General Immigration

LATEST NEWS

Immigration legislation booms in state capitals

September 11, 2013

The drive to reform the nation’s immigration laws may be stalled in Congress, but the national debate it has inspired is at least partly responsible for a spike in new laws passed in state legislatures around the country.

Through the end of June, 43 states and the District of Columbia had passed a total of 377 laws and resolutions related to immigration, according to a report to be issued Wednesday by the National Conference of State Legislators’ Immigration Policy Project. That’s an 83 percent increase from the first half of 2012. Read more >

Immigration Reform Falls to the Back of the Line

September 8, 2013

WASHINGTON — Congress is likely to postpone consideration of an immigration overhaul until the end of the year, if not longer, even as advocates are preparing for an all-out, urgent push this fall to win their longstanding goal of a path to citizenship for millions of immigrants here illegally. Read more >

Rights, Justice, Peace

Today at the Mall in Washington, DC, is the "official" commemoration of the 50th anniversary of the March on Washington, including a speech by President Obama and remarks from past presidents. Tens of thousands of people marched in Washington last Saturday, committing to an agenda for rights and justice. Read more >

50th Anniversary of the March on Washington: Immigrant rights a key part of continuing fight for racial justice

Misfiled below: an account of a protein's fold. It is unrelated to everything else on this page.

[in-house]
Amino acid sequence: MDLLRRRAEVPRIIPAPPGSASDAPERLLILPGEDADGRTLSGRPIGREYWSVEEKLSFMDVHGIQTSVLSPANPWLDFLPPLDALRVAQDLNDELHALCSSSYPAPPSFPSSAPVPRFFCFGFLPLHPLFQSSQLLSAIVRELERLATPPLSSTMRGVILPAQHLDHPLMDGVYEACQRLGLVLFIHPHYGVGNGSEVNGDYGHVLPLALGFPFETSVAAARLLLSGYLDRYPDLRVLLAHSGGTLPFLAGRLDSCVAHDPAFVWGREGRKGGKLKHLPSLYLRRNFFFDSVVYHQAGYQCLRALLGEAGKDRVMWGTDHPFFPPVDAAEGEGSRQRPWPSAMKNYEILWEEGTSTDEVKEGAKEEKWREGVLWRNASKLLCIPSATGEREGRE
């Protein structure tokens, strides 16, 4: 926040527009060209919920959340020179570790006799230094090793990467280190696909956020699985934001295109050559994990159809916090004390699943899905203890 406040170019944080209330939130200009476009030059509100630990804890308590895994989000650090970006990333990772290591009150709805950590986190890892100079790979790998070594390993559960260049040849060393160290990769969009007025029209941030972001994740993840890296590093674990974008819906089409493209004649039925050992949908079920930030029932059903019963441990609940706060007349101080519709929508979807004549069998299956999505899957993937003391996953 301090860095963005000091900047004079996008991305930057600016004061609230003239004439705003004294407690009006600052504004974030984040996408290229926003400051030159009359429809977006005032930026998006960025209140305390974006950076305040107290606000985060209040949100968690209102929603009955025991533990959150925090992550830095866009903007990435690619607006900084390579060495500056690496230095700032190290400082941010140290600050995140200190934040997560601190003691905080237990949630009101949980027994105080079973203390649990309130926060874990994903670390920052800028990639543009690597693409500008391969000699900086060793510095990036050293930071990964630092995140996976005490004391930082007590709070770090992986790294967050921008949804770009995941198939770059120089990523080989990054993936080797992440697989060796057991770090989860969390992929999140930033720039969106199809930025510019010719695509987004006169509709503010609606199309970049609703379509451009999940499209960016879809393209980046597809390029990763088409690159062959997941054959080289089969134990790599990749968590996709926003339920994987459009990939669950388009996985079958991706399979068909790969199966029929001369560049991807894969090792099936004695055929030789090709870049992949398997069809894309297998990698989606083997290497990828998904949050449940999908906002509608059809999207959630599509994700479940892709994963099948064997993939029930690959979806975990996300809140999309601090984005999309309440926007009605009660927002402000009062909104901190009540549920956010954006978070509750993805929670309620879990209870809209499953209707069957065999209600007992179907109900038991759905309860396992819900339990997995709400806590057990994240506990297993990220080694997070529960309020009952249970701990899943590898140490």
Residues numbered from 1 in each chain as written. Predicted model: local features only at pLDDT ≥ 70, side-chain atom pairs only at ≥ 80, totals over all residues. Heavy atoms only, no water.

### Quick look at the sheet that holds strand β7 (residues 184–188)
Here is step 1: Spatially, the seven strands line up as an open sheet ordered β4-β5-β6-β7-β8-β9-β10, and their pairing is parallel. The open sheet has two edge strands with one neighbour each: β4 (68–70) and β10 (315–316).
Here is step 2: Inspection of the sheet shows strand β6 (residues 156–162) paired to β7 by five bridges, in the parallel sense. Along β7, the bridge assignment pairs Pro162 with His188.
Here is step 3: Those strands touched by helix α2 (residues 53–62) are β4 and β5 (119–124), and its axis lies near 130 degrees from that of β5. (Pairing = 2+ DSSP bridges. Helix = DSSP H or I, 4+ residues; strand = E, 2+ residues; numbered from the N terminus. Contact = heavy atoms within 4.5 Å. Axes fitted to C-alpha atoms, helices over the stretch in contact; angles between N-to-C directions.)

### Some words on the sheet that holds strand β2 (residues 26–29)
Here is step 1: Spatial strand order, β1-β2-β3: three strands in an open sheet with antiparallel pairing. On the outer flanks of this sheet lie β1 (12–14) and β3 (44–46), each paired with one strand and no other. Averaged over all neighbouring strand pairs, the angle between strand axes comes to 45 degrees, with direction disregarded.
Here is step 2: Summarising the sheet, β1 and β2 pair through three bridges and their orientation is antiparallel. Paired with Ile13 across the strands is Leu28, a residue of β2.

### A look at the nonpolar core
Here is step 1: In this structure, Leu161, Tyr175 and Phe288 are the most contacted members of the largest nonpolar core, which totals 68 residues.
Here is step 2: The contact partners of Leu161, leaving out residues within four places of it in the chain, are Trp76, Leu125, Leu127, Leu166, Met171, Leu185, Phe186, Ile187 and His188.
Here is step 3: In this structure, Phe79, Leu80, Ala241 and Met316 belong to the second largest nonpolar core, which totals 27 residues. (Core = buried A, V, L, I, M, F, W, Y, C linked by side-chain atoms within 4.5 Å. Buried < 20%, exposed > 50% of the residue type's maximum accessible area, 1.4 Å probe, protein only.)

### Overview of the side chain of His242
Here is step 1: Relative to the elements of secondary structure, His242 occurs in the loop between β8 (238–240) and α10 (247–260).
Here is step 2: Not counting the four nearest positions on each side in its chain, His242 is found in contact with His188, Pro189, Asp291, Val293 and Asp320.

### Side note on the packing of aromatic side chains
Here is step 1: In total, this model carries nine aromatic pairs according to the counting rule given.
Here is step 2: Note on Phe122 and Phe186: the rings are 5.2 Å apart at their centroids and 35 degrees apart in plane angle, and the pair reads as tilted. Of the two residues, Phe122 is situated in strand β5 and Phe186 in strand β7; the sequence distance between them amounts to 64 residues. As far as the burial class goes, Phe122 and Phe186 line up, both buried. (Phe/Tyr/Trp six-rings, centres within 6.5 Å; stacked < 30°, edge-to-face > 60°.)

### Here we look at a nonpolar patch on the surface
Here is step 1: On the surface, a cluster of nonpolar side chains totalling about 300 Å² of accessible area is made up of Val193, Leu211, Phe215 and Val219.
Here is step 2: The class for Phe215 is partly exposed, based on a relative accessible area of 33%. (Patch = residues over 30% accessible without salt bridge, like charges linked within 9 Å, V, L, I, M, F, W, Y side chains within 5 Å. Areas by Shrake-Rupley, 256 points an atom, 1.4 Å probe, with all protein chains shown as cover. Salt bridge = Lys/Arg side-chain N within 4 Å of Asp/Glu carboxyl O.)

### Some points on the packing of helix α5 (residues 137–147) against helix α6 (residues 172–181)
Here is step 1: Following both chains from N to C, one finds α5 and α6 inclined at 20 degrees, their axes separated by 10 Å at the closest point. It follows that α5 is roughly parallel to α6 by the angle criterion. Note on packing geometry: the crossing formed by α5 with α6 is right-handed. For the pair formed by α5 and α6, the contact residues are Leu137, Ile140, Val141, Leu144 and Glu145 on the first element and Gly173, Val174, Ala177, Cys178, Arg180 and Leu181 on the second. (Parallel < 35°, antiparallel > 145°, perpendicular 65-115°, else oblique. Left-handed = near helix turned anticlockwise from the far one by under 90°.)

Tomorrow in Washington, DC, tens of thousands are expected to rally and march on the 50th anniversary of the historic March on Washington. In 1963, at the height of the civil rights movement, over a quarter of a million people marched in the nation's capitol for racial equality. There, Dr. Read more >

International Workers' Day 2013: Calls for Legalization -- Not Deportation!

For the past several years International Workers' Day, May Day, has served as a vehicle to spotlight the particular injustices against immigrant workers, especially the undocumented. Read more >

'Illegal immigrant' no more

The AP Stylebook today is making some changes in how we describe people living in a country illegally.

Senior Vice President and Executive Editor Kathleen Carroll explains the thinking behind the decision:

The Stylebook no longer sanctions the term “illegal immigrant” or the use of “illegal” to describe a person. Instead, it tells users that “illegal” should describe only an action, such as living in or immigrating to a country illegally.

Why did we make the change? Read more >

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